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About the book
  • Published: 15 March 2010
  • ISBN: 9780307474520
  • Imprint: Vintage USA
  • Format: Trade Paperback
  • RRP: $16.99

Flappers & Philosophers


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All the glamour and cynicismof the dawning Jazz Age are on display in F. Scott Fitzgerald’s debut story collection.

Flappers and Philosophers was first published in 1920, on the heels of the young author’s smash hit novel This Side of Paradise. The collection contains some of his most famous early stories, including “Bernice Bobs Her Hair,” “The Ice Palace,” “Head and Shoulders,” and “The Offshore Pirate.” In these pages we meet many of Fitzgerald’s trademark character types: the beautiful and headstrong young women and the dissolute young men of what came to be called the Lost Generation. With their bobbed hair and dangling cigarettes, his characters are sophisticated, witty, and, above all, modern: the spoiled heiress who falls for her kidnapper, the intellectual student whose life is turned upside-down by a chorus girl, the feuding debutantes whose weapons are cutting words and a pair of scissors.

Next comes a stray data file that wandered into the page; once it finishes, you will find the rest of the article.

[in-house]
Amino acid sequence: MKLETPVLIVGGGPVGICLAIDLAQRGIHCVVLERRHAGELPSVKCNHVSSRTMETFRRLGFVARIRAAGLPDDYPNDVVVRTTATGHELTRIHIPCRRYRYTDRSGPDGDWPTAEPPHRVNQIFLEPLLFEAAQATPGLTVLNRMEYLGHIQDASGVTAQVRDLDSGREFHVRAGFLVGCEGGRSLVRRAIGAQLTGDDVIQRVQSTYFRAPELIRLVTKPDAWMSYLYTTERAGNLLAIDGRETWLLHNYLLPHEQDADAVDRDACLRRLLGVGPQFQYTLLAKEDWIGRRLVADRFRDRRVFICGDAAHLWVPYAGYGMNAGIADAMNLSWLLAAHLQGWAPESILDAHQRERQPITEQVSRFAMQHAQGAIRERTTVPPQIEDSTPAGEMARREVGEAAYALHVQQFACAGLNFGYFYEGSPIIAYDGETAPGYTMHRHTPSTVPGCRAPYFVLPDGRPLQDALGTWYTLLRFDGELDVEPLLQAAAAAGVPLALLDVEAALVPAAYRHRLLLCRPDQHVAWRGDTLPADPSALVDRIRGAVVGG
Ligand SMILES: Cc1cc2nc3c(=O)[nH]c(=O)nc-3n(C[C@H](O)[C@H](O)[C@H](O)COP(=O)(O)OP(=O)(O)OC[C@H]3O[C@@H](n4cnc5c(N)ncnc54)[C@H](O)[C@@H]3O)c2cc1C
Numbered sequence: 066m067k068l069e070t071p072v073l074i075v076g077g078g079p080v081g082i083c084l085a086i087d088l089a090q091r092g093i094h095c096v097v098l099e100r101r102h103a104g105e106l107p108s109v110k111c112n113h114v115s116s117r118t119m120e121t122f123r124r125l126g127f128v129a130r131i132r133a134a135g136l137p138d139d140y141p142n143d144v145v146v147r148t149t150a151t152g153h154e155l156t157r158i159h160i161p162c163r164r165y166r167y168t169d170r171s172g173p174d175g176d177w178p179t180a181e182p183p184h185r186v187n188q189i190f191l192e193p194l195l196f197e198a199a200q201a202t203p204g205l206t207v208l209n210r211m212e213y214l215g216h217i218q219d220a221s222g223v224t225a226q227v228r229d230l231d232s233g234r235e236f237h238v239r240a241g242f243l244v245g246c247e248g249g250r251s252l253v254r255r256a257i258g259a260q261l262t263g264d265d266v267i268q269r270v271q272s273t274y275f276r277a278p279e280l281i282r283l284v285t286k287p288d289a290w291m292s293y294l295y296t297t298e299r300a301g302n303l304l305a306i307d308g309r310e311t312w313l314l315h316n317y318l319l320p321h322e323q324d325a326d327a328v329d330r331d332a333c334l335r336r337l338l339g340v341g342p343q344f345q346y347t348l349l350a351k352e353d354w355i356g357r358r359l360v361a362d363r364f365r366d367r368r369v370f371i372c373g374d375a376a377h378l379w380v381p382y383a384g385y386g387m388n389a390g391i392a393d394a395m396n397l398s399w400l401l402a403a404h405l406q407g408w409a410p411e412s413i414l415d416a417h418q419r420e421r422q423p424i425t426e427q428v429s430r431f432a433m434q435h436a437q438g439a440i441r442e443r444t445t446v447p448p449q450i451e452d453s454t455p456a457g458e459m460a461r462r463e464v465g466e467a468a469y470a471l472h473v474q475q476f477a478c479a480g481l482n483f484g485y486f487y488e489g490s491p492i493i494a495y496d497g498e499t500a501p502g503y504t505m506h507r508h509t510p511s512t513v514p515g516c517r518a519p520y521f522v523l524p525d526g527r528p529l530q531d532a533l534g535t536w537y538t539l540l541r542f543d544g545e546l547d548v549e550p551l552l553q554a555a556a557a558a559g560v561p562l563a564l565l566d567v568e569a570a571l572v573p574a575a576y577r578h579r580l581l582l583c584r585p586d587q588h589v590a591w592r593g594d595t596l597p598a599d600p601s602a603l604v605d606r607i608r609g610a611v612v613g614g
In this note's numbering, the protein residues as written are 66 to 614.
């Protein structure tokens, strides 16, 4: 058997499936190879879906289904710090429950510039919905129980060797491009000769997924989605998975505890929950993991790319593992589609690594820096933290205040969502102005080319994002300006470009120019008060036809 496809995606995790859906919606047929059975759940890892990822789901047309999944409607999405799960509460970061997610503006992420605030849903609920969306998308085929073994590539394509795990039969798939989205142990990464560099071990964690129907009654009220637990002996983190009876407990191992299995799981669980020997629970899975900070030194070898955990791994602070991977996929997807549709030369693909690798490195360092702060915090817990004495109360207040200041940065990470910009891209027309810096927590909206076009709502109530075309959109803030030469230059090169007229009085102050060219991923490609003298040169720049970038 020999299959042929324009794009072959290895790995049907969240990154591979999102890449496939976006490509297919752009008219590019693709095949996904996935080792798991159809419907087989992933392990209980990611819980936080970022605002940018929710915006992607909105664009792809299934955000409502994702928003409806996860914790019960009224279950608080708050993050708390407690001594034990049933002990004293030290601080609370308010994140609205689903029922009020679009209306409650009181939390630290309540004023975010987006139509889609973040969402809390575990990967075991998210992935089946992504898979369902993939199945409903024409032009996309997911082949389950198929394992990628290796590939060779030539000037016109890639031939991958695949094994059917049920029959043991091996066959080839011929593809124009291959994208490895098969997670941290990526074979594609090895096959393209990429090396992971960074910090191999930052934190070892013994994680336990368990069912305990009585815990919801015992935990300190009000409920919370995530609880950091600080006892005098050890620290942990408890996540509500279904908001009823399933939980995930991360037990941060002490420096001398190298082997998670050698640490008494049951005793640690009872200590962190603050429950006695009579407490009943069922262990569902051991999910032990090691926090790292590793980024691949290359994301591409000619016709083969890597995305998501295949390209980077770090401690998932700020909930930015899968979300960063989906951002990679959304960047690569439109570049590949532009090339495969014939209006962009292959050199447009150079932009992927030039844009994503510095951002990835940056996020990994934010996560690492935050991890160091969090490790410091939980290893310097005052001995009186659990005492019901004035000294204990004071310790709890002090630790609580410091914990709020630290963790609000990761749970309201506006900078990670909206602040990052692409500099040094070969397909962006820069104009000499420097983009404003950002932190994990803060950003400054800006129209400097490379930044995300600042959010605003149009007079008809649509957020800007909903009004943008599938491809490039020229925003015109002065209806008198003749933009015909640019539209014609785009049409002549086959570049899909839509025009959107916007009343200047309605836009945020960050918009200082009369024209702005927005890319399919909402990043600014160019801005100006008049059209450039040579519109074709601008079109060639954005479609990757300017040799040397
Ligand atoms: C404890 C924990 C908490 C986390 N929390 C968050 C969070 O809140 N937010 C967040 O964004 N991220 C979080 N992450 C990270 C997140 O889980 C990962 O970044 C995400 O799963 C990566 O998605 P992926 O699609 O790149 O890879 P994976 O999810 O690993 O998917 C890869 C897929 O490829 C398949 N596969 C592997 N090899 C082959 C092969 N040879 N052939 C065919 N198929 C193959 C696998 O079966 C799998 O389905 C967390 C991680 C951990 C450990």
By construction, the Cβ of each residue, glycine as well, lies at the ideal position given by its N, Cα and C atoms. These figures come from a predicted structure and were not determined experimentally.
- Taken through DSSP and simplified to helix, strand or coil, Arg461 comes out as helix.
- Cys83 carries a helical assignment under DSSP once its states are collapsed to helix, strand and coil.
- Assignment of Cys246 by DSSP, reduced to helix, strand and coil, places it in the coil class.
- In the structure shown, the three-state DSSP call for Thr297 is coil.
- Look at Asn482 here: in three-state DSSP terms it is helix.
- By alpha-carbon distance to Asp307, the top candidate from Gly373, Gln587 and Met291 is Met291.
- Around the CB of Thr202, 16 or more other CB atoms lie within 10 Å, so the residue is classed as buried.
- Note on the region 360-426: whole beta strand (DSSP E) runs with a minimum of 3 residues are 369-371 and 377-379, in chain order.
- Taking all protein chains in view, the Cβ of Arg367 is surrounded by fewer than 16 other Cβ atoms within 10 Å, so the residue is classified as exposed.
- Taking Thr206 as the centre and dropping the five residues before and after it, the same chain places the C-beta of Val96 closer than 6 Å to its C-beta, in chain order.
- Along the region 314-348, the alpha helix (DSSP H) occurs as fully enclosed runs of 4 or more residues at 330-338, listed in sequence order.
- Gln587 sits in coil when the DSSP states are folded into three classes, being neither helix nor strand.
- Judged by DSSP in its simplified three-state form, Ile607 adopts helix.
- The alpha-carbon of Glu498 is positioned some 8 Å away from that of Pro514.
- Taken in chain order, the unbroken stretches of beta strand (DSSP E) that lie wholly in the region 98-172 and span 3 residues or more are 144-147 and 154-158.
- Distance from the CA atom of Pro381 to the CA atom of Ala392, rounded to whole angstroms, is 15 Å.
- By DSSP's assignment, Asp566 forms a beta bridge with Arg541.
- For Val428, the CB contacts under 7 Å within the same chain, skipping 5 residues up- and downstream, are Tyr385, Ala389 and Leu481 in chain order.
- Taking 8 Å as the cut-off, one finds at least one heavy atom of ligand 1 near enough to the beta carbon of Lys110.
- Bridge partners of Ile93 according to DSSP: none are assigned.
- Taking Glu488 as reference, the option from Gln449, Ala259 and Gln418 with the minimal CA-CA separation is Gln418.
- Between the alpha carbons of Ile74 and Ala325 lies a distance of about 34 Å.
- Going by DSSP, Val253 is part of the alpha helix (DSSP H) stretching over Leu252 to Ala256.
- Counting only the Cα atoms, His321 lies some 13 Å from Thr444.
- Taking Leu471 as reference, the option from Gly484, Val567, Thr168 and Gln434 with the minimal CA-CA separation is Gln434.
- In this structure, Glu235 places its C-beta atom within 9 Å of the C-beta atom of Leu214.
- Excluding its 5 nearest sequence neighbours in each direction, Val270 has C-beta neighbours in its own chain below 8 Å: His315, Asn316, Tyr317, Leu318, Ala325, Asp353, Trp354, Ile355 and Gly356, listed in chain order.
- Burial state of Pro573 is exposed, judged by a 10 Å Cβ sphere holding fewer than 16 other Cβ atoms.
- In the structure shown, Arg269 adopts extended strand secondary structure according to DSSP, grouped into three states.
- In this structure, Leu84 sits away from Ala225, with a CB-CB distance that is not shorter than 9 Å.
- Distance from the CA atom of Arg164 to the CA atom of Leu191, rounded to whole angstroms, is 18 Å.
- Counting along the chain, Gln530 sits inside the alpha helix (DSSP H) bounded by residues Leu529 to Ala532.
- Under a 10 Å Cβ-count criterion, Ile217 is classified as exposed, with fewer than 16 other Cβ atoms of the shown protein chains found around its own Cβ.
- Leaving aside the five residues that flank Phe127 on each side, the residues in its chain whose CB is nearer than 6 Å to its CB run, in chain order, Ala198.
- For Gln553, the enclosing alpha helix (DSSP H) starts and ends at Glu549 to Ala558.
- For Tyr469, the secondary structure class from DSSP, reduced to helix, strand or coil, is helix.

• Pub date: 15 March 2010
  • ISBN: 9780307474520
  • Imprint: Vintage USA
  • Format: Trade Paperback
  • RRP: $16.99

About the Author

F Scott Fitzgerald

F. Scott Fitzgerald (1896 -1940) is widely considered the poet laureate of the Jazz Age. He wrote many short stories and four novels, This Side of Paradise, The Beautiful and the Damned, Tender is the Night and The Great Gatsby. An unfinished novel, The Last Tycoon, was published posthumously.

F. Scott Fitzgerald was born in 1896 in St Paul, Minnesota, and went to Princeton University, which he left in 1917 to join the army. He was said to have epitomized the Jazz Age, which he himself defined as 'a generation grown up to find all Gods dead, all wars fought, all faiths in man shaken'. In 1920 he married Zelda Sayre. Their traumatic marriage and her subsequent breakdowns became the leading influence on his writing. Among his publications were five novels, This Side of Paradise, The Great Gatsby, The Beautiful and the Damned, Tender is the Night and The Last Tycoon (his last and unfinished work); six volumes of short stories and The Crack Up, a selection of autobiographical pieces.

Fitzgerald died suddenly in 1940. After his death The New York Times said of him that 'He was better than he knew, for in fact and in the literary sense he invented a 'generation'. . . he might have interpreted and even guided them, as in their midle years they saw a different and nobler freedom threatened with destruction.'

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